Butterfat is the most abundant constituent of butter. The butterfat content of butter is almost as high as 80 percent. It is used in many recipes as an additional ingredient to add flavor to the food. It is mostly obtained from the milk of cows and buffaloes.

Butter is separated from milk and then melted. Melted butter consists of curdled curd with water on top of it. This curd is clear butterfat when the water on top is poured off. Butterfat has the ability to speed up the growth of certain microorganisms inhibiting rancidity. Due to this particular characteristic, butterfat can be stored anywhere without refrigeration.

Butterfat Uses

It is widely used for cooking a large number of various dishes. It is used in making cake toppings, ice-cream, chocolates, pancakes, milkshake etc. Butterfat used in ice-cream imparts a very special flavor. Dried form of butterfat is widely used as a substitute of cooking oil in many countries, especially in the Indian subcontinent. Forming a major part of the daily diet, it is more widely consumed in India than in any other country of the world.

Butterfat Nutritious Facts

The chemical composition of butterfat consists of many types of fatty acids, including stearic acids. The saturated fats found in butterfat are known to be a cause of many cardiovascular diseases. The content of these fats and fatty acids in a particular type of butterfat sample depends upon the diet of the animal from which it has originally been obtained.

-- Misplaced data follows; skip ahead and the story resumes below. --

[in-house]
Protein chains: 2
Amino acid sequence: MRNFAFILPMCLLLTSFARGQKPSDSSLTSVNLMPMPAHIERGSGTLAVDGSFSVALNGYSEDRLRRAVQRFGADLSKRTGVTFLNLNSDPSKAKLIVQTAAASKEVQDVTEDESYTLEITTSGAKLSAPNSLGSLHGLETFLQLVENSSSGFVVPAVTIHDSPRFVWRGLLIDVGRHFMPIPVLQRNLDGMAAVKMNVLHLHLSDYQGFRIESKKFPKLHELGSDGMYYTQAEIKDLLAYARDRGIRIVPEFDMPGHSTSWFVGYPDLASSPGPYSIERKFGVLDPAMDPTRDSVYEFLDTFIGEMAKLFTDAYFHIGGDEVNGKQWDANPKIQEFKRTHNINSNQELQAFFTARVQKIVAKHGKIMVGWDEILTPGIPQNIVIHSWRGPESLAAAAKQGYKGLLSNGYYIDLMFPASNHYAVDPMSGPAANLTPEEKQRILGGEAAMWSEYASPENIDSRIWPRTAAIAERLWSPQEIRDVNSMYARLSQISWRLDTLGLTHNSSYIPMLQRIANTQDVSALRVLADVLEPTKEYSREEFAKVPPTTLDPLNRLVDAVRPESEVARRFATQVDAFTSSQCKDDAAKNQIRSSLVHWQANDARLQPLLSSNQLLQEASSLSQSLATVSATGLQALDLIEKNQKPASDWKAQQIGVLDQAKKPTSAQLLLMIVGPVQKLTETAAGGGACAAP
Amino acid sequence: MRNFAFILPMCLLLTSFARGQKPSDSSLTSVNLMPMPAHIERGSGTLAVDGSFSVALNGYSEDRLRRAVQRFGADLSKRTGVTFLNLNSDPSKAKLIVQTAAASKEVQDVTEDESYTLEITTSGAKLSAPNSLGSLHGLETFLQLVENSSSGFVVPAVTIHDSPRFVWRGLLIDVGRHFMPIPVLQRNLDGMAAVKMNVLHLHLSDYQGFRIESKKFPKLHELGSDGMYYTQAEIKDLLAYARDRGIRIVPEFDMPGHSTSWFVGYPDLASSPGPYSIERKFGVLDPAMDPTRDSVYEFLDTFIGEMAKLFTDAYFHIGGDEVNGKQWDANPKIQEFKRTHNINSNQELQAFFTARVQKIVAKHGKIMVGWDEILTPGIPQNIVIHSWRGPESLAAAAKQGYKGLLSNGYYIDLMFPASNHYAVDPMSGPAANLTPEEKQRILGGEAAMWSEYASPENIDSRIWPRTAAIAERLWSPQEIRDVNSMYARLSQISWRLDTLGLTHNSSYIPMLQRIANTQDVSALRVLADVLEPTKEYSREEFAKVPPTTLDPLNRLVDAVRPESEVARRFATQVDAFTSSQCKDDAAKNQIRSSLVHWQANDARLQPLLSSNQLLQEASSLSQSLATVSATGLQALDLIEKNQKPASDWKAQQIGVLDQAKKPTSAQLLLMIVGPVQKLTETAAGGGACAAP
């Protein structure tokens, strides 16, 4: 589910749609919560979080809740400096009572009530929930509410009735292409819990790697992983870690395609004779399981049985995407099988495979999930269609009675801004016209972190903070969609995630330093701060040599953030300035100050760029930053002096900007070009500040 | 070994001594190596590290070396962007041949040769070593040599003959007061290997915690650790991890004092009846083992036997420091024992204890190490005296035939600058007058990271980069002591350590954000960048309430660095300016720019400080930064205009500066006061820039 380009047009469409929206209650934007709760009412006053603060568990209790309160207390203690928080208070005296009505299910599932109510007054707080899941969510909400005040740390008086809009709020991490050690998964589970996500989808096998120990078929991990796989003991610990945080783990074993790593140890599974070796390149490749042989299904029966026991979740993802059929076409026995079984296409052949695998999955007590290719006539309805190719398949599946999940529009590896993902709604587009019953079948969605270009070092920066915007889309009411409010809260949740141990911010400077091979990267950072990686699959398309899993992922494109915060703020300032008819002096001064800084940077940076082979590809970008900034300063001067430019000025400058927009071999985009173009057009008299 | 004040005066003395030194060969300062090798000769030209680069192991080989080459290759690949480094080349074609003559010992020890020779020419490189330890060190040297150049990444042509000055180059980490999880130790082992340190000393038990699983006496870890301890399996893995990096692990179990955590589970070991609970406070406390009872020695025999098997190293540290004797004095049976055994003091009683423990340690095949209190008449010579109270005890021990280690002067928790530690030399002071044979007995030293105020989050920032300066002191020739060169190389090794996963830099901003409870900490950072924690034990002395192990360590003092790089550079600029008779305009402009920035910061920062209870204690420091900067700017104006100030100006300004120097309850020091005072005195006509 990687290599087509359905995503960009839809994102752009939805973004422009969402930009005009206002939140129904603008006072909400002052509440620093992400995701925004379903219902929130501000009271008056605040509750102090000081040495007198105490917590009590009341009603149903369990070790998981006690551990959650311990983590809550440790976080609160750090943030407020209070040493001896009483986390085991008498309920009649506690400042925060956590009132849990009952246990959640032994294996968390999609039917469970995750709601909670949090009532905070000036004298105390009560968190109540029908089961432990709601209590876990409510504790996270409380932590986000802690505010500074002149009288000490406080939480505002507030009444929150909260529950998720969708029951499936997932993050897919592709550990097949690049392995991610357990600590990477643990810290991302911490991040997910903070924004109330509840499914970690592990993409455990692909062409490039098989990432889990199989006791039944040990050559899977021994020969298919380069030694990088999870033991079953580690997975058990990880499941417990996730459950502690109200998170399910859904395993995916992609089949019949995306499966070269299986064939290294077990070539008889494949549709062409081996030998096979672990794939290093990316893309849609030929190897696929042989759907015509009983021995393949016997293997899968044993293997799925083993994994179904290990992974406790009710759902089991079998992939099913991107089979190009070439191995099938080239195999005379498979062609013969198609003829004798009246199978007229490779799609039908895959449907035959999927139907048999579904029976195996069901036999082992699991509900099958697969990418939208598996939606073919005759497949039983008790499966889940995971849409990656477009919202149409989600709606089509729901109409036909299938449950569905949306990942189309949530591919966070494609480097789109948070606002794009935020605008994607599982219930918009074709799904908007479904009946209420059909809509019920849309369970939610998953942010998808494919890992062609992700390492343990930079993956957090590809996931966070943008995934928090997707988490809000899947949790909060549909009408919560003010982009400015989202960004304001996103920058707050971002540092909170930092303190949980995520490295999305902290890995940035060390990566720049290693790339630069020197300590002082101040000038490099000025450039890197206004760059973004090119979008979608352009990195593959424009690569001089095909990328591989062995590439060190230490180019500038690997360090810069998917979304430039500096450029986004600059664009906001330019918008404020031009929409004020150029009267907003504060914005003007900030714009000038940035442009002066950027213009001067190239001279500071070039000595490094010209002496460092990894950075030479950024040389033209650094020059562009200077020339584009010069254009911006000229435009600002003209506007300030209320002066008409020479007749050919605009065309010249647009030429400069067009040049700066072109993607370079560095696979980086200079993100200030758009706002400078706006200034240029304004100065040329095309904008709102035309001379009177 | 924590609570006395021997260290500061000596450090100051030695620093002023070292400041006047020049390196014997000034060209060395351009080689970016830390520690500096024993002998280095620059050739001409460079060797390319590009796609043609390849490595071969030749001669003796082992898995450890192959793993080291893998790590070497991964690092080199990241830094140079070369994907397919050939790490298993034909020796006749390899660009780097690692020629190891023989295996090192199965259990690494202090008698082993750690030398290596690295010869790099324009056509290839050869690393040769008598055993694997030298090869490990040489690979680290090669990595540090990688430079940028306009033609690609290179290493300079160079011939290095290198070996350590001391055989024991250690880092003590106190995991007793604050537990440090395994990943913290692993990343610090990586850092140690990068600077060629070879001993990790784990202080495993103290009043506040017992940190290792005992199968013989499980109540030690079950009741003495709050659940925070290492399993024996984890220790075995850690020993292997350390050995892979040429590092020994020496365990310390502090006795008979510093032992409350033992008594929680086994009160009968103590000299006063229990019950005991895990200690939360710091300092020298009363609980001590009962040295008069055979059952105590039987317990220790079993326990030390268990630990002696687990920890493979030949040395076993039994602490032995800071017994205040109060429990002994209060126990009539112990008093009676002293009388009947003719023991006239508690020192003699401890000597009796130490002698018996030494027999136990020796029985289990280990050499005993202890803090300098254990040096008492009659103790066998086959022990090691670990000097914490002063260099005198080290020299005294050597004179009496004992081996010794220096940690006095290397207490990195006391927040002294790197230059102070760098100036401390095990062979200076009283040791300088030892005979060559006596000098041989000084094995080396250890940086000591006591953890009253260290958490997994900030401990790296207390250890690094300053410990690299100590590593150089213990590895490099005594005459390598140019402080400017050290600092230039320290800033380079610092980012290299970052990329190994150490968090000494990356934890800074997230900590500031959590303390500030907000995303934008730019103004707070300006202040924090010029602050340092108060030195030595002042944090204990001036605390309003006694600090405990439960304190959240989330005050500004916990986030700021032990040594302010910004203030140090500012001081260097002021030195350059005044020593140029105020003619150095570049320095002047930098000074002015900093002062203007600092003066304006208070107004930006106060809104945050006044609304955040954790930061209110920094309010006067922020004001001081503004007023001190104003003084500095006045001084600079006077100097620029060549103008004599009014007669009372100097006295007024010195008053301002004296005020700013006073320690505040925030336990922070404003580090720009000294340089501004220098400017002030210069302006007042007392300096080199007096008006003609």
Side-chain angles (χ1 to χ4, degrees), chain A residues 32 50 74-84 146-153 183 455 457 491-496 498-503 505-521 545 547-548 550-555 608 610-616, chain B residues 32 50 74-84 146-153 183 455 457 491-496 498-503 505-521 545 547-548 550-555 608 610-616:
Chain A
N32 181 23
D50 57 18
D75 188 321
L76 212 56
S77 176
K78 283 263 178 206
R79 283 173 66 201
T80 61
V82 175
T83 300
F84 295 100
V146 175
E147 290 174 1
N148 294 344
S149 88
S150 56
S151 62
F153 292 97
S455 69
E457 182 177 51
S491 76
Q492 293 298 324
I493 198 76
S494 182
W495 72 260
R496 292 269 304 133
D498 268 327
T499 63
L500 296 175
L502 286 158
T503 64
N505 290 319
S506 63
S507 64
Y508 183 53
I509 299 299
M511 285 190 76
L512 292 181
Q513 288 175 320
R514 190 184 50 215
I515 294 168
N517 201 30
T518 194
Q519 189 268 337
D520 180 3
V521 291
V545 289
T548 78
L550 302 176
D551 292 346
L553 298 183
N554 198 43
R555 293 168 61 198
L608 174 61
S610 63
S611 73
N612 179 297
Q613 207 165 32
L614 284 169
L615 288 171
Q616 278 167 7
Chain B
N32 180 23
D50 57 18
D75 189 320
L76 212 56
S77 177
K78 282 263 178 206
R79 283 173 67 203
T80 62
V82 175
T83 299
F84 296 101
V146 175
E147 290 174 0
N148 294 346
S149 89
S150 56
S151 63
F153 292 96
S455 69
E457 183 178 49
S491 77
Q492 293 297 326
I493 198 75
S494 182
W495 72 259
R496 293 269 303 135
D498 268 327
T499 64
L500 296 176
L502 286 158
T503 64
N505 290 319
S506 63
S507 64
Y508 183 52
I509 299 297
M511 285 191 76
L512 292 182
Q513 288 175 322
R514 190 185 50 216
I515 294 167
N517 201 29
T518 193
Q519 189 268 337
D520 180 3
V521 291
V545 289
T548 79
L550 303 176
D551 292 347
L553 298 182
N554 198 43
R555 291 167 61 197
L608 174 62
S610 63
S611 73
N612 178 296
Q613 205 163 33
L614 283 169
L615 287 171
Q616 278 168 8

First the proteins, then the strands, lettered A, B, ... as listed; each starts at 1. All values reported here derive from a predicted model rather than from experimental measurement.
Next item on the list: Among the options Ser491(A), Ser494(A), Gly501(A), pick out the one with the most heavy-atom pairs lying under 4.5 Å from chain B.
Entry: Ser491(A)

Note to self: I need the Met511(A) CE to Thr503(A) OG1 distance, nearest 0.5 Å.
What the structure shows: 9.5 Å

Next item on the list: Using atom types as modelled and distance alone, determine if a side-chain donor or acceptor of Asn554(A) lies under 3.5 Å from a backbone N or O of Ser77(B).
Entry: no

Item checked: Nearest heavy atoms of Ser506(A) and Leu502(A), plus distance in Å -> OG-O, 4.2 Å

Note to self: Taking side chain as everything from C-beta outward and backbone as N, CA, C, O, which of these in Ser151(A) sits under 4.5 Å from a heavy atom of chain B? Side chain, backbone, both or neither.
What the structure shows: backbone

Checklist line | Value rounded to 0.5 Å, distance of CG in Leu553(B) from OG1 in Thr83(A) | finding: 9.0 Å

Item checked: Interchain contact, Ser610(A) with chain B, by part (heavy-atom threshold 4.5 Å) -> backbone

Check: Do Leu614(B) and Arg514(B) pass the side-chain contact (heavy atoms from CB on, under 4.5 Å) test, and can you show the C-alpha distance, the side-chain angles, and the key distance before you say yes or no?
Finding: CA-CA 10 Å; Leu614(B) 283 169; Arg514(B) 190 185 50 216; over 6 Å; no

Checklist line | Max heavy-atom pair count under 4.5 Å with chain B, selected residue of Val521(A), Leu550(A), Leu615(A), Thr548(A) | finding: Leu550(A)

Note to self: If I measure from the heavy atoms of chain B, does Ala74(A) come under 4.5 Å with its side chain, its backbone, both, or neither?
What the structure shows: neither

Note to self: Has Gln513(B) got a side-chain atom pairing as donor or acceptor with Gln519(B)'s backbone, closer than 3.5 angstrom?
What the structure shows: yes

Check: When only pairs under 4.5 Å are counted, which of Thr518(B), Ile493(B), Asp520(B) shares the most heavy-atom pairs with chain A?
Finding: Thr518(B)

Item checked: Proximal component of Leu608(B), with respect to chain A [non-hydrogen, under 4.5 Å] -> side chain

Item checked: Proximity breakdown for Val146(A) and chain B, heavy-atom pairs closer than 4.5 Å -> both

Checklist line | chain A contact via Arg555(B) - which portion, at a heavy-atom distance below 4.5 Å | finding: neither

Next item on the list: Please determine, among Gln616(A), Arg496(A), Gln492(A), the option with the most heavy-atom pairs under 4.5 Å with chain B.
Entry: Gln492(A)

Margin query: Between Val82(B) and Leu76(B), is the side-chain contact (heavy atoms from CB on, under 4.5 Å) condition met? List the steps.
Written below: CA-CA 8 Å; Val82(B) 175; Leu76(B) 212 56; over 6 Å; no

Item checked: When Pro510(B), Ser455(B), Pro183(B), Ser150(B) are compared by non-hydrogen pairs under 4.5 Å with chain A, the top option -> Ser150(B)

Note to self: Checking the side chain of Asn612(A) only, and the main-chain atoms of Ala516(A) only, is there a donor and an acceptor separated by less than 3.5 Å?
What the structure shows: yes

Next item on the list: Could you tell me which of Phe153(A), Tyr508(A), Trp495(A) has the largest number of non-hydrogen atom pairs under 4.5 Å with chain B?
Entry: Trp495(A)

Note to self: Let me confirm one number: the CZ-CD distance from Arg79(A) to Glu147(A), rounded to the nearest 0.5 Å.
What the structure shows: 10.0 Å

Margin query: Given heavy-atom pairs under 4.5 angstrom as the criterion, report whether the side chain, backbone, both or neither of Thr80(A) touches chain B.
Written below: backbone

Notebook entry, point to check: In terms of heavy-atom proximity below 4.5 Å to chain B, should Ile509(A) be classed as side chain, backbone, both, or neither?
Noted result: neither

Butterfat contains a minute quantity of hydrogenated fats- fats responsible for very high cholesterol levels. Therefore, the use of butterfat does not have an adverse effect on cholesterol levels. Moreover, the use of butterfat helps control cellular decay in the body by reducing the process of oxidation.

Butterfat is considered to have nutritional benefits for the brain as well. It stimulates the memory and recall functions of the brain, as well as increases the overall mental intelligence. The fatty acids in butterfat function to normalize DNA production. Cellular communication also becomes stronger with the use of these fatty acids.

Butterfat has no milk protein at all and, therefore, it is especially useful for lactose intolerant people. It immensely helps in the production and storage of energy in the human body. Many vitamins, like vitamin A, vitamin B and vitamin E are found abundantly in butterfat.

External use of butterfat on skin helps prevent scarring, and is known to heal wounds due to its antibiotic properties. Due to its chemical properties, it can be preserved with its original freshness for many months, without taking any extra measures.

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